Some positive benefits seen in EU–US trade deal, but final form is still far away
Several EU experts said that the Transatlantic Trade and Investment Partnership (TTIP) was nothing to fear and that key protections for health and environment enjoyed by European citizens would be preserved.
Speaking at Green Week 2015 in Brussels, Karl Falkenberg, Director-General for Environment at the European Commission, urged people not to demonize TTIP before all of the details were known and its outline was clearly defined. He maintains that Europe is fighting to protect its high standards.
Carole Dieschbourg, minister of environment for Luxembourg, which is taking up the EU presidency at the start of July, promised more transparency in the process in the coming six months.
Dutch MEP Gerben-Jan Gerbrandy, a member of the committee on the environment, public health and food safety of the European Parliament and a member of the Alliance of Liberals and Democrats for Europe expanded on those points at a press briefing. “If you look at the way it is being perceived it looks like we are about to strike a deal with the Devil himself,” he said.
But in some areas US law is even stronger than EU law. “Americans have the Lacey Act prohibiting trade in endangered species that is much stronger than what we are doing in Europe. So standards might even have to become higher in Europe thanks to TTIP,” he said.
“There are huge benefits to the Transatlantic trade deal, and I see those huge benefits,” he said. “But we need to be careful. I don’t want any environmental standards to be lowered. And it appears to me that that is the opinion of a large majority of the [European] Parliament, and of the [European] Commission and of I guess most of the member states.”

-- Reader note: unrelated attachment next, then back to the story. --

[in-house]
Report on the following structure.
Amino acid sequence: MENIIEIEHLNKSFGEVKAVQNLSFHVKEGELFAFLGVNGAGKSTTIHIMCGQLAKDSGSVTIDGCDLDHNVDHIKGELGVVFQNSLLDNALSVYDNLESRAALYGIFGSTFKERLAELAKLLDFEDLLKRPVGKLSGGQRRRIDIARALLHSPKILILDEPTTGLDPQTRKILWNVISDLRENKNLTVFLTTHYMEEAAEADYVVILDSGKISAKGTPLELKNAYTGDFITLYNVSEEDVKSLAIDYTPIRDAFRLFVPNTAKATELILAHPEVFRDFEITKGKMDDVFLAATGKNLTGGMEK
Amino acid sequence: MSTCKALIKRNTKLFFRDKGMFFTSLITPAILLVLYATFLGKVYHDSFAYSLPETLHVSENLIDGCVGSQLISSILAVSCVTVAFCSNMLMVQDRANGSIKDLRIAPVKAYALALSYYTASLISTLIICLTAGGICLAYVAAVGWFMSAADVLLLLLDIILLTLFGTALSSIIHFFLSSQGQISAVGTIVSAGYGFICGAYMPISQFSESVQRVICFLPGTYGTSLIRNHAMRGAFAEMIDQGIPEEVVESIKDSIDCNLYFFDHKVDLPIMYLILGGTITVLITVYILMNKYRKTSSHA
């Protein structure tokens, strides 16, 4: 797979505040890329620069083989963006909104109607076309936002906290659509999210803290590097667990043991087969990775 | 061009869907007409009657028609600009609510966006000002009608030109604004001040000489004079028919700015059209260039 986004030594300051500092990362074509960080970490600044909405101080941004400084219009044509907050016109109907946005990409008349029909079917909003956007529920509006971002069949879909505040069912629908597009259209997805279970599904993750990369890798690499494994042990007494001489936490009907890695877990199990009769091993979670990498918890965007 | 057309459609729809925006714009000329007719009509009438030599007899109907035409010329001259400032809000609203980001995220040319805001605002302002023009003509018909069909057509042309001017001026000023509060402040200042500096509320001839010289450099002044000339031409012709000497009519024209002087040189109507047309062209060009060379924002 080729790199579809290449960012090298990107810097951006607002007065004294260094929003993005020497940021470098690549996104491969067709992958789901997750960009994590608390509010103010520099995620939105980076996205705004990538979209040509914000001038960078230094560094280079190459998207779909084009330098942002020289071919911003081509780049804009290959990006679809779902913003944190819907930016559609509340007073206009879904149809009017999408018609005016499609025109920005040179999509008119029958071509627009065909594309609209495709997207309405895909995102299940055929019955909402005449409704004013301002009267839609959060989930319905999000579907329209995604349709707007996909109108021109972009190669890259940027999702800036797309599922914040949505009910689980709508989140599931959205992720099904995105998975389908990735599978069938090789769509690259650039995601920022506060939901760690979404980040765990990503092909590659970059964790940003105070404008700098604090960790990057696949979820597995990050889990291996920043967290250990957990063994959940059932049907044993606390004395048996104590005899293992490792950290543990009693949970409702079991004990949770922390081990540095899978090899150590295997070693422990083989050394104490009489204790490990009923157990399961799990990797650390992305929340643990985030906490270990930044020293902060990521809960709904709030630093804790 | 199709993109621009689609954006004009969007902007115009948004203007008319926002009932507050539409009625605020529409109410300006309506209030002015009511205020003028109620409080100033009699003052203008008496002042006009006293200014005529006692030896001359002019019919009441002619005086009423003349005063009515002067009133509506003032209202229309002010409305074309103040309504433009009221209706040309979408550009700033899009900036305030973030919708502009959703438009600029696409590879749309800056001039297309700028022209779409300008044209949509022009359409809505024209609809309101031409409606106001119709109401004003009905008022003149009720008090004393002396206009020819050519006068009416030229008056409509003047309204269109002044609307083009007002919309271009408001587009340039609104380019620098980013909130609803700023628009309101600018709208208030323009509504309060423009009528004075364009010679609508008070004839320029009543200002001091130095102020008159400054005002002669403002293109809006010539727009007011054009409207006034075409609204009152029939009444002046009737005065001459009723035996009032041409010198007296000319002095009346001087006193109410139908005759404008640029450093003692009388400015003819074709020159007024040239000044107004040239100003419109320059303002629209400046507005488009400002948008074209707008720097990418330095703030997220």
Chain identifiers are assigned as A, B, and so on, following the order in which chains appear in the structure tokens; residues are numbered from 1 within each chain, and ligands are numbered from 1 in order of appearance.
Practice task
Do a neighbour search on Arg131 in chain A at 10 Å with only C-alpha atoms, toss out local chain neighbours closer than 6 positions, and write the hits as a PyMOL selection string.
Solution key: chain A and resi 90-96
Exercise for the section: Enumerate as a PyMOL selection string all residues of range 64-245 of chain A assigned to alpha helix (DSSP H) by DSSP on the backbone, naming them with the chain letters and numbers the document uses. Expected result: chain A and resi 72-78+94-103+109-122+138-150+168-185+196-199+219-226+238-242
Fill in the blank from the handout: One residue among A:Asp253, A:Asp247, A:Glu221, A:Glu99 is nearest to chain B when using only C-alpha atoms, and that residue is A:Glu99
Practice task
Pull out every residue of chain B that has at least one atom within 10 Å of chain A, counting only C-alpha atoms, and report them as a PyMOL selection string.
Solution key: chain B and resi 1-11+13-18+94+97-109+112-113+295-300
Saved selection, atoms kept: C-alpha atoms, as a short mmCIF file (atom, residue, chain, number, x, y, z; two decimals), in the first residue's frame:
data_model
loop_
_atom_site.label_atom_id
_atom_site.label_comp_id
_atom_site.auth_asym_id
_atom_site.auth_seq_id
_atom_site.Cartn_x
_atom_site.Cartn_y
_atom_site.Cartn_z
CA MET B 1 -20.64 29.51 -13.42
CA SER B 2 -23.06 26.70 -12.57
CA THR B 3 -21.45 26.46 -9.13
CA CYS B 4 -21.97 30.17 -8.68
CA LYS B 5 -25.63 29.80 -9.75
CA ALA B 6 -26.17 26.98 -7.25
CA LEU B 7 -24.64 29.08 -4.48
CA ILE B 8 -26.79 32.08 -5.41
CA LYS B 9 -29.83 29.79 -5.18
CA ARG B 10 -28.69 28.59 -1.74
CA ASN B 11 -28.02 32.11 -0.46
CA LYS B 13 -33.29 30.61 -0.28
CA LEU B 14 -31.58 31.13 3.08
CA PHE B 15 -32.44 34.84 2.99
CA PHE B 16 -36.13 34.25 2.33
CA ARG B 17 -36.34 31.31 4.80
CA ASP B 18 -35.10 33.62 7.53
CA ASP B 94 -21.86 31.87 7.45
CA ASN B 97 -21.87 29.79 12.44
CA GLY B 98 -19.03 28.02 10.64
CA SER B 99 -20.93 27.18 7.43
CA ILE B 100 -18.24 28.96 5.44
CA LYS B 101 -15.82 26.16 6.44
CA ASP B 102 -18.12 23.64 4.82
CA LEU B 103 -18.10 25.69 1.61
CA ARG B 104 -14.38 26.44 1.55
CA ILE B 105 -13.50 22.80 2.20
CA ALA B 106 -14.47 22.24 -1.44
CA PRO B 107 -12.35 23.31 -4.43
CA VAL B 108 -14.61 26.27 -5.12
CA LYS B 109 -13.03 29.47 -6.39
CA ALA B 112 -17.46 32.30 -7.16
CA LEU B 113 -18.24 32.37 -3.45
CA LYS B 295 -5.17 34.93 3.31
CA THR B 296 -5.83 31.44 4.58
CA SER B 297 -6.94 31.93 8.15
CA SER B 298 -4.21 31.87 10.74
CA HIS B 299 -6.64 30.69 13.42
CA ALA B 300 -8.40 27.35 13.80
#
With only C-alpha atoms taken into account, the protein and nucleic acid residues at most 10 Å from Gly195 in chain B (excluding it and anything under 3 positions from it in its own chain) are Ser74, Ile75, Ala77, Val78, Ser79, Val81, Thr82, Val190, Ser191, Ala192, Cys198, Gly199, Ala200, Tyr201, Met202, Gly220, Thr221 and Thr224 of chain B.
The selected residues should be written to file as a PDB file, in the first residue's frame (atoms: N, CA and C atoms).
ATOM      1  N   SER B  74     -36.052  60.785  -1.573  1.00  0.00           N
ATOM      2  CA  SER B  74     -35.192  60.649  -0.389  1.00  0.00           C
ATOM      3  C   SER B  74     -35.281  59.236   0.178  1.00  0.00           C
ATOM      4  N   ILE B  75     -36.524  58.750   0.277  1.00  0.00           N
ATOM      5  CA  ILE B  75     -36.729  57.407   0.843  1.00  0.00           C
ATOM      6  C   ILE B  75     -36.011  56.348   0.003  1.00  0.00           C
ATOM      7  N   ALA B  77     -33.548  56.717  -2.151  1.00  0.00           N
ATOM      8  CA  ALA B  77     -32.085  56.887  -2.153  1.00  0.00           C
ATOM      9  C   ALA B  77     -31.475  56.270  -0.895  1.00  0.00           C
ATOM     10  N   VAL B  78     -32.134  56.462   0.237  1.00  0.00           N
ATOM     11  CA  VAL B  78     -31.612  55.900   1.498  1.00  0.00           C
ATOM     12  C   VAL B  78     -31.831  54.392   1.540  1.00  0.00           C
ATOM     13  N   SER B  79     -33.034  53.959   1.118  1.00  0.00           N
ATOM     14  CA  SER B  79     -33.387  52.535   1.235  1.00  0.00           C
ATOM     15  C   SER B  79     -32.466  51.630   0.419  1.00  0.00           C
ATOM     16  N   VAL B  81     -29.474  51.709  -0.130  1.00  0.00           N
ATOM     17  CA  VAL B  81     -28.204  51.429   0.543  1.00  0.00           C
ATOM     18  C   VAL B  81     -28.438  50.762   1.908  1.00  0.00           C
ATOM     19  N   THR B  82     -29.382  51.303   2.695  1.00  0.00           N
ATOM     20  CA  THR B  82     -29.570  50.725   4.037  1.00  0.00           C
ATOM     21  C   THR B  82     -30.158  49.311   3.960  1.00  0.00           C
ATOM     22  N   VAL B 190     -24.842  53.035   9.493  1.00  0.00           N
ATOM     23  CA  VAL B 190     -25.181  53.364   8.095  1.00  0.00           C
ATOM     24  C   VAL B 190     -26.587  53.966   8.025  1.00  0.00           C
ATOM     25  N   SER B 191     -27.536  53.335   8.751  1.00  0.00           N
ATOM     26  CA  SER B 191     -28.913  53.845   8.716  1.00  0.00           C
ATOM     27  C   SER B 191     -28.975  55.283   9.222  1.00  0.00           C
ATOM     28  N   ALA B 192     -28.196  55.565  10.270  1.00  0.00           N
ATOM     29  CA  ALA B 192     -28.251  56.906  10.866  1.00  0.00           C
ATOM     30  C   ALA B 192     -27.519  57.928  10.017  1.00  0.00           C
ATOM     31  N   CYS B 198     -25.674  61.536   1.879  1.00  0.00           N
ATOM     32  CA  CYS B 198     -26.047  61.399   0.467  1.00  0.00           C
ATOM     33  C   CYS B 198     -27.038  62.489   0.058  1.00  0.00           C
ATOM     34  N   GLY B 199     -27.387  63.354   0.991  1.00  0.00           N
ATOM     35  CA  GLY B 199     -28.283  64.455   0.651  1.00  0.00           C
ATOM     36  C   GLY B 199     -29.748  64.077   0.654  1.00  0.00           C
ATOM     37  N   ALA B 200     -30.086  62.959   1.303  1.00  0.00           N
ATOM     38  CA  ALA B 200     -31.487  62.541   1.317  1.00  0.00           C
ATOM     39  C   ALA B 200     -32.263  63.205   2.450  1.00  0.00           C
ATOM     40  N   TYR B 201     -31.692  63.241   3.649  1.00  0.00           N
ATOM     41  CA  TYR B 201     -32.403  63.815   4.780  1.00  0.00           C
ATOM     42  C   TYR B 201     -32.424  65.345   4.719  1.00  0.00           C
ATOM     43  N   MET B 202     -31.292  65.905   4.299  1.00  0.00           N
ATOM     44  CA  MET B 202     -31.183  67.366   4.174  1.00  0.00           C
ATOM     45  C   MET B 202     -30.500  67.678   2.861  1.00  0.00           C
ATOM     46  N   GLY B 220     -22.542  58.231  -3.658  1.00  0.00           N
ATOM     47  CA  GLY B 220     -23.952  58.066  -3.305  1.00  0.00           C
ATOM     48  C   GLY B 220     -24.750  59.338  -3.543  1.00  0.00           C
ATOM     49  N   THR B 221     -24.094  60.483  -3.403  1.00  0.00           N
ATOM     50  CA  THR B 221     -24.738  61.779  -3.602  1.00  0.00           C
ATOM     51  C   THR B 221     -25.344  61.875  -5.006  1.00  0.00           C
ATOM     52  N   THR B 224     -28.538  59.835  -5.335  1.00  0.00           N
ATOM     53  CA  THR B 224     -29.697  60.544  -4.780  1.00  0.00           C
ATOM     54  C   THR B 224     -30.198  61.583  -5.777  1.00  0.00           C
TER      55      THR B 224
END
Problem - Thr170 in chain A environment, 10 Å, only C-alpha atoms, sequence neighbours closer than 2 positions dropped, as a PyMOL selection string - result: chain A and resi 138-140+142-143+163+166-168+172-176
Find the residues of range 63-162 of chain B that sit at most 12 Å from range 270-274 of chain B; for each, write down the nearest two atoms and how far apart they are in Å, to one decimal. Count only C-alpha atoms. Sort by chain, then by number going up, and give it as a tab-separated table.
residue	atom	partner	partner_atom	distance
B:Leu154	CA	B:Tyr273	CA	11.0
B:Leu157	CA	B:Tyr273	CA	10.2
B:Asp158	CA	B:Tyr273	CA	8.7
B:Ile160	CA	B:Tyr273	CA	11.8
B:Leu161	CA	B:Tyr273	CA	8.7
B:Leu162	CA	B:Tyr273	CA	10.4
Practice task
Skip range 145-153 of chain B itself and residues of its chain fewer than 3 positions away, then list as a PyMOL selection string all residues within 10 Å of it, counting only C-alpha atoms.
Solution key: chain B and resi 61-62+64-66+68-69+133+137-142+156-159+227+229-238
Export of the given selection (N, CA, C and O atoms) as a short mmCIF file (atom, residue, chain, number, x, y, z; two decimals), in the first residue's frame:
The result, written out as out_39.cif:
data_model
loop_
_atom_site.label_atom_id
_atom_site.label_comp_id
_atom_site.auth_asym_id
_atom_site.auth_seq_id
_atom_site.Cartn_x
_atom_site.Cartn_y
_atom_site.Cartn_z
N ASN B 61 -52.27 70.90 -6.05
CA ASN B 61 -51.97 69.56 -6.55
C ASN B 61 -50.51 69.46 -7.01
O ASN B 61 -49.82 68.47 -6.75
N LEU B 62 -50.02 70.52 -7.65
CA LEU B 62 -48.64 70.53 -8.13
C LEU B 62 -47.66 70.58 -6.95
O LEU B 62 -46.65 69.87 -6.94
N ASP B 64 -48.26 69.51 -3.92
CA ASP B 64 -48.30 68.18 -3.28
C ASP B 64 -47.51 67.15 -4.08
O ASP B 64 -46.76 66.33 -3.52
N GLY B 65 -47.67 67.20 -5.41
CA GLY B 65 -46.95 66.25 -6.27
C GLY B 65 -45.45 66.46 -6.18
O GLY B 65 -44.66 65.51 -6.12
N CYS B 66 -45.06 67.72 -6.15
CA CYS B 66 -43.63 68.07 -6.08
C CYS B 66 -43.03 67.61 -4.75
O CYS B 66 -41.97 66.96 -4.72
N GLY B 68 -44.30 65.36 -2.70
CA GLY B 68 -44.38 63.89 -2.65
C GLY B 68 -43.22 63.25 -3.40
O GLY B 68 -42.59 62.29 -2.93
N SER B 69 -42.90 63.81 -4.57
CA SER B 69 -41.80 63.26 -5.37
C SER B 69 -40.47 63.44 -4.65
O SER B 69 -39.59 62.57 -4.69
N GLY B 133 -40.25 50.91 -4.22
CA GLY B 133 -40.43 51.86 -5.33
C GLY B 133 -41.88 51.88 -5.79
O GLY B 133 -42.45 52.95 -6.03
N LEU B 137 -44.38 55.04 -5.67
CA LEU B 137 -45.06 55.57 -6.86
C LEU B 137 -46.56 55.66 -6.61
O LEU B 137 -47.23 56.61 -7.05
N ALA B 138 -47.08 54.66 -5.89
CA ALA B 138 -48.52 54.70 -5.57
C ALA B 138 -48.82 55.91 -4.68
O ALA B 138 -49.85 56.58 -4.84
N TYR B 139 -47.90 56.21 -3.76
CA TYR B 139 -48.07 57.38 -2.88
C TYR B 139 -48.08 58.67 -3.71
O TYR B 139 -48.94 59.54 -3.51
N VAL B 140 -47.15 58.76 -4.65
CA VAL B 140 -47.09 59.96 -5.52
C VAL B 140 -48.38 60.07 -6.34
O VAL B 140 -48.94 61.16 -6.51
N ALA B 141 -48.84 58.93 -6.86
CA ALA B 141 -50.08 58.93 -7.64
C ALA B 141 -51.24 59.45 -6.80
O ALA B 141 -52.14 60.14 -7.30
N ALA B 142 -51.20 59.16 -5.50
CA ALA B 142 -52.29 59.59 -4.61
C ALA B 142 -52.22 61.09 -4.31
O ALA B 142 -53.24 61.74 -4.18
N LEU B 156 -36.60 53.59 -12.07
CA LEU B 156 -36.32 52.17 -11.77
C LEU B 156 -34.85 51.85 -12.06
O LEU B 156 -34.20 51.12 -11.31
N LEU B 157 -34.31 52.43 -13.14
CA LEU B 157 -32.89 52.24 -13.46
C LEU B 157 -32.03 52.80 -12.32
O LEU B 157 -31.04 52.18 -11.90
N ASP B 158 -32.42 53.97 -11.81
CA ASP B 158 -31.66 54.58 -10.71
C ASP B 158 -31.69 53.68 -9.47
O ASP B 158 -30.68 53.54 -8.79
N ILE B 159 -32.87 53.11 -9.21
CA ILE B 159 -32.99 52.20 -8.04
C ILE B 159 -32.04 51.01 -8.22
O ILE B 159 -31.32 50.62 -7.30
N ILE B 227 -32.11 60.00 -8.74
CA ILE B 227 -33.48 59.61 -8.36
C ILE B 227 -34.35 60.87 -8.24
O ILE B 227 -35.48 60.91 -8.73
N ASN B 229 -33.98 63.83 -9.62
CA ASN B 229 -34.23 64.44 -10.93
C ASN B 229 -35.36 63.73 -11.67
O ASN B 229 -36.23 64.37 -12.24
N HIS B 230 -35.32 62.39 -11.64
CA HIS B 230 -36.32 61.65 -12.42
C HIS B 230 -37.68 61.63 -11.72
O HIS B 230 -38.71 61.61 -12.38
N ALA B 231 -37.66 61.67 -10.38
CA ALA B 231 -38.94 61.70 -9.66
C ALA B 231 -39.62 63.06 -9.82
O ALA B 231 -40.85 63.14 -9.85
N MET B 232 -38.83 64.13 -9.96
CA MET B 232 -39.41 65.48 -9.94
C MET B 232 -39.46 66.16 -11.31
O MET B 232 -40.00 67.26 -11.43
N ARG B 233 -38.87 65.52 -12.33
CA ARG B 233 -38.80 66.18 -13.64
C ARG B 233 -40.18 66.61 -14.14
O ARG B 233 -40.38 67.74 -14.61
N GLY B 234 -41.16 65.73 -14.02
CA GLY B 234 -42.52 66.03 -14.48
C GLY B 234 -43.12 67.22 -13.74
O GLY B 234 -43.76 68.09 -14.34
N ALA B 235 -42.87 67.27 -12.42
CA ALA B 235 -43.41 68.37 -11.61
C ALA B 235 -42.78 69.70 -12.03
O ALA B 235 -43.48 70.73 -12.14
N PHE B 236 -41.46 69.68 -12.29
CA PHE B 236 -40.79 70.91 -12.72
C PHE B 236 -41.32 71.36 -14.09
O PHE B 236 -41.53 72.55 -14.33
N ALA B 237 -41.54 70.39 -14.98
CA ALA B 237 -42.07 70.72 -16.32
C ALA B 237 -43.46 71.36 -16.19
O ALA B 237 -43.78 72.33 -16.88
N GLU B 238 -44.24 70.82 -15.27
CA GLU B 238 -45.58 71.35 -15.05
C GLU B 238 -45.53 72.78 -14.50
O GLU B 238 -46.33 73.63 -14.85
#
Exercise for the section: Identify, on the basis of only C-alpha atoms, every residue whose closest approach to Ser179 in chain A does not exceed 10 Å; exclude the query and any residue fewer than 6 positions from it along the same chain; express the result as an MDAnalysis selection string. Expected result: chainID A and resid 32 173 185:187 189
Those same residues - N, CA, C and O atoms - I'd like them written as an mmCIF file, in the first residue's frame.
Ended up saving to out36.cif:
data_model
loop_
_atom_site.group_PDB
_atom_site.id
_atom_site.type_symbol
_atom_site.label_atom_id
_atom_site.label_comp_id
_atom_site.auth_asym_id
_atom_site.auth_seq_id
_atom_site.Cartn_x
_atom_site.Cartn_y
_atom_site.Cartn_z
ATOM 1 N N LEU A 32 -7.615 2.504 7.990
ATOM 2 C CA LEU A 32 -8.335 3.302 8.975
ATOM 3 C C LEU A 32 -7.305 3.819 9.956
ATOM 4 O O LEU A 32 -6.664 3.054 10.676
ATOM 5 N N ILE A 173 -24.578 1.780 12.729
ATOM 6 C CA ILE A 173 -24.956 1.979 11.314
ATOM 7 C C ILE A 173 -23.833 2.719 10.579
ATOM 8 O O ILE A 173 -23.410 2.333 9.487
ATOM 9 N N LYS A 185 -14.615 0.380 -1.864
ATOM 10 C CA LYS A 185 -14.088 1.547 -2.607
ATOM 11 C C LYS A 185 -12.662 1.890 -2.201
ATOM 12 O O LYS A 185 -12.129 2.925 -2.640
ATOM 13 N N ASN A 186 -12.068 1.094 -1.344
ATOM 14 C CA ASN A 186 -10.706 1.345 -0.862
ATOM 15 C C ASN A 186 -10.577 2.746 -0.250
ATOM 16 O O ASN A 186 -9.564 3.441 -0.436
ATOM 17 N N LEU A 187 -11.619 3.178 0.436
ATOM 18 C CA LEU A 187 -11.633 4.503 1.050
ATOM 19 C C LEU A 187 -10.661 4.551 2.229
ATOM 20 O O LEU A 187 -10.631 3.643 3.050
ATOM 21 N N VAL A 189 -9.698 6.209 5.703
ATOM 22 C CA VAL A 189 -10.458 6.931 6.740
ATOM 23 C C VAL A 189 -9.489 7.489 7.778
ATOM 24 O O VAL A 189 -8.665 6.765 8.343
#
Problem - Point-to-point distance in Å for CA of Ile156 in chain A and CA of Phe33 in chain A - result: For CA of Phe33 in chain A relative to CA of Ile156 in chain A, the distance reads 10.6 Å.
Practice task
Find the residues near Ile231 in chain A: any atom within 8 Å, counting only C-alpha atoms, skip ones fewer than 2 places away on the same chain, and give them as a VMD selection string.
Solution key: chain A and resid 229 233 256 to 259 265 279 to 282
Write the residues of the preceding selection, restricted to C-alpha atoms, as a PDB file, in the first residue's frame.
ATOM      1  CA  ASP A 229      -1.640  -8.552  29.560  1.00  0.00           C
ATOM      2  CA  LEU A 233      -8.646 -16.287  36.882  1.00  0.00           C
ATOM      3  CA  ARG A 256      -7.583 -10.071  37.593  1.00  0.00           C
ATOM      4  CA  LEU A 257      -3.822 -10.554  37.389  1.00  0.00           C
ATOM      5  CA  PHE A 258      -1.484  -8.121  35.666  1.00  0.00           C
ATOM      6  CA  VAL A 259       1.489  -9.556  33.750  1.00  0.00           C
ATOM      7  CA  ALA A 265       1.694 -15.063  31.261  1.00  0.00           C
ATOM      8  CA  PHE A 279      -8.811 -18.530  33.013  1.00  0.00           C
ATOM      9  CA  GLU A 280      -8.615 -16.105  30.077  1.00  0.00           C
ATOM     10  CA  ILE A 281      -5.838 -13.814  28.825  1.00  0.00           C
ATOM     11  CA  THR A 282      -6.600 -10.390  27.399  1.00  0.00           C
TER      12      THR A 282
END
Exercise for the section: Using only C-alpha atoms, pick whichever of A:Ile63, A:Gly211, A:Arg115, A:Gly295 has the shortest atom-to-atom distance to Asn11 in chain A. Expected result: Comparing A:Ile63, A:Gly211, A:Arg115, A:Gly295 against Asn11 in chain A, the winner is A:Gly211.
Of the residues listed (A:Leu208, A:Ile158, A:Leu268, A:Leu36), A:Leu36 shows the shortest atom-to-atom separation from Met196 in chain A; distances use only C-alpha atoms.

He said he is less concerned about the negative effects of TTIP than many people seem to be. “I have the feeling it became a symbol of the fact that people become more and more uncomfortable with the fact that globalization is leading to less control of our own lives. It is numbing. It is a self fulfilling mechanism that we have no control over anymore,” he said.
“So I think a lot of the concerns are genuine but they are not as severe as other people believe they are. But we have to be careful. We have to look into it. I think we are still far away from a final improvement, so we will have to see,” he said.
Enrico Brivio, the EU spokesman for environment, maritime affairs and fisheries, and health and food safety, put to rest the idea the TTIP would open the door to genetically modified foods, something that concerns many consumers across the EU. “Food policy and health policy was not for negotiation. This was said from the beginning. Health and food standards are not for negotiation,” he said in Brussels at Green Week.
The latest changes to EU policies regarding GMO foods are not related to TTIP negotiations, he added. Member states now have more possibilities to ban GMOs on their territory, he said.
“We know Europe is very split on this, with member states having different positions,” he said, adding that now once a GMO is approved at the European level, member states can apply to ban it for a variety of reasons such as fear of cross contamination or concerns about biodiversity in an area. “This gives member states more power to defend biodiversity in certain cases.”
He also denied media reports that TTIP would lead to growing your own food in a garden becoming either restricted or illegal. Such restrictions on suburban and urban food gardening exist in parts of the United States. “It’s absolutely not true. There is no basis of this,” he said. “These stories must have been in very Euroskeptic media,” he said.
EU officials are also looking to conclude the deal soon. The talks about TTIP should be completed under U.S. President Barack Obama’s term of office, which ends in January 2017, EU Commissioner for Trade Cecilia Malmström said at a press conference after a meeting with Czech Prime Minister Bohuslav Sobotka in Prague, accordig to the Czech News Agency.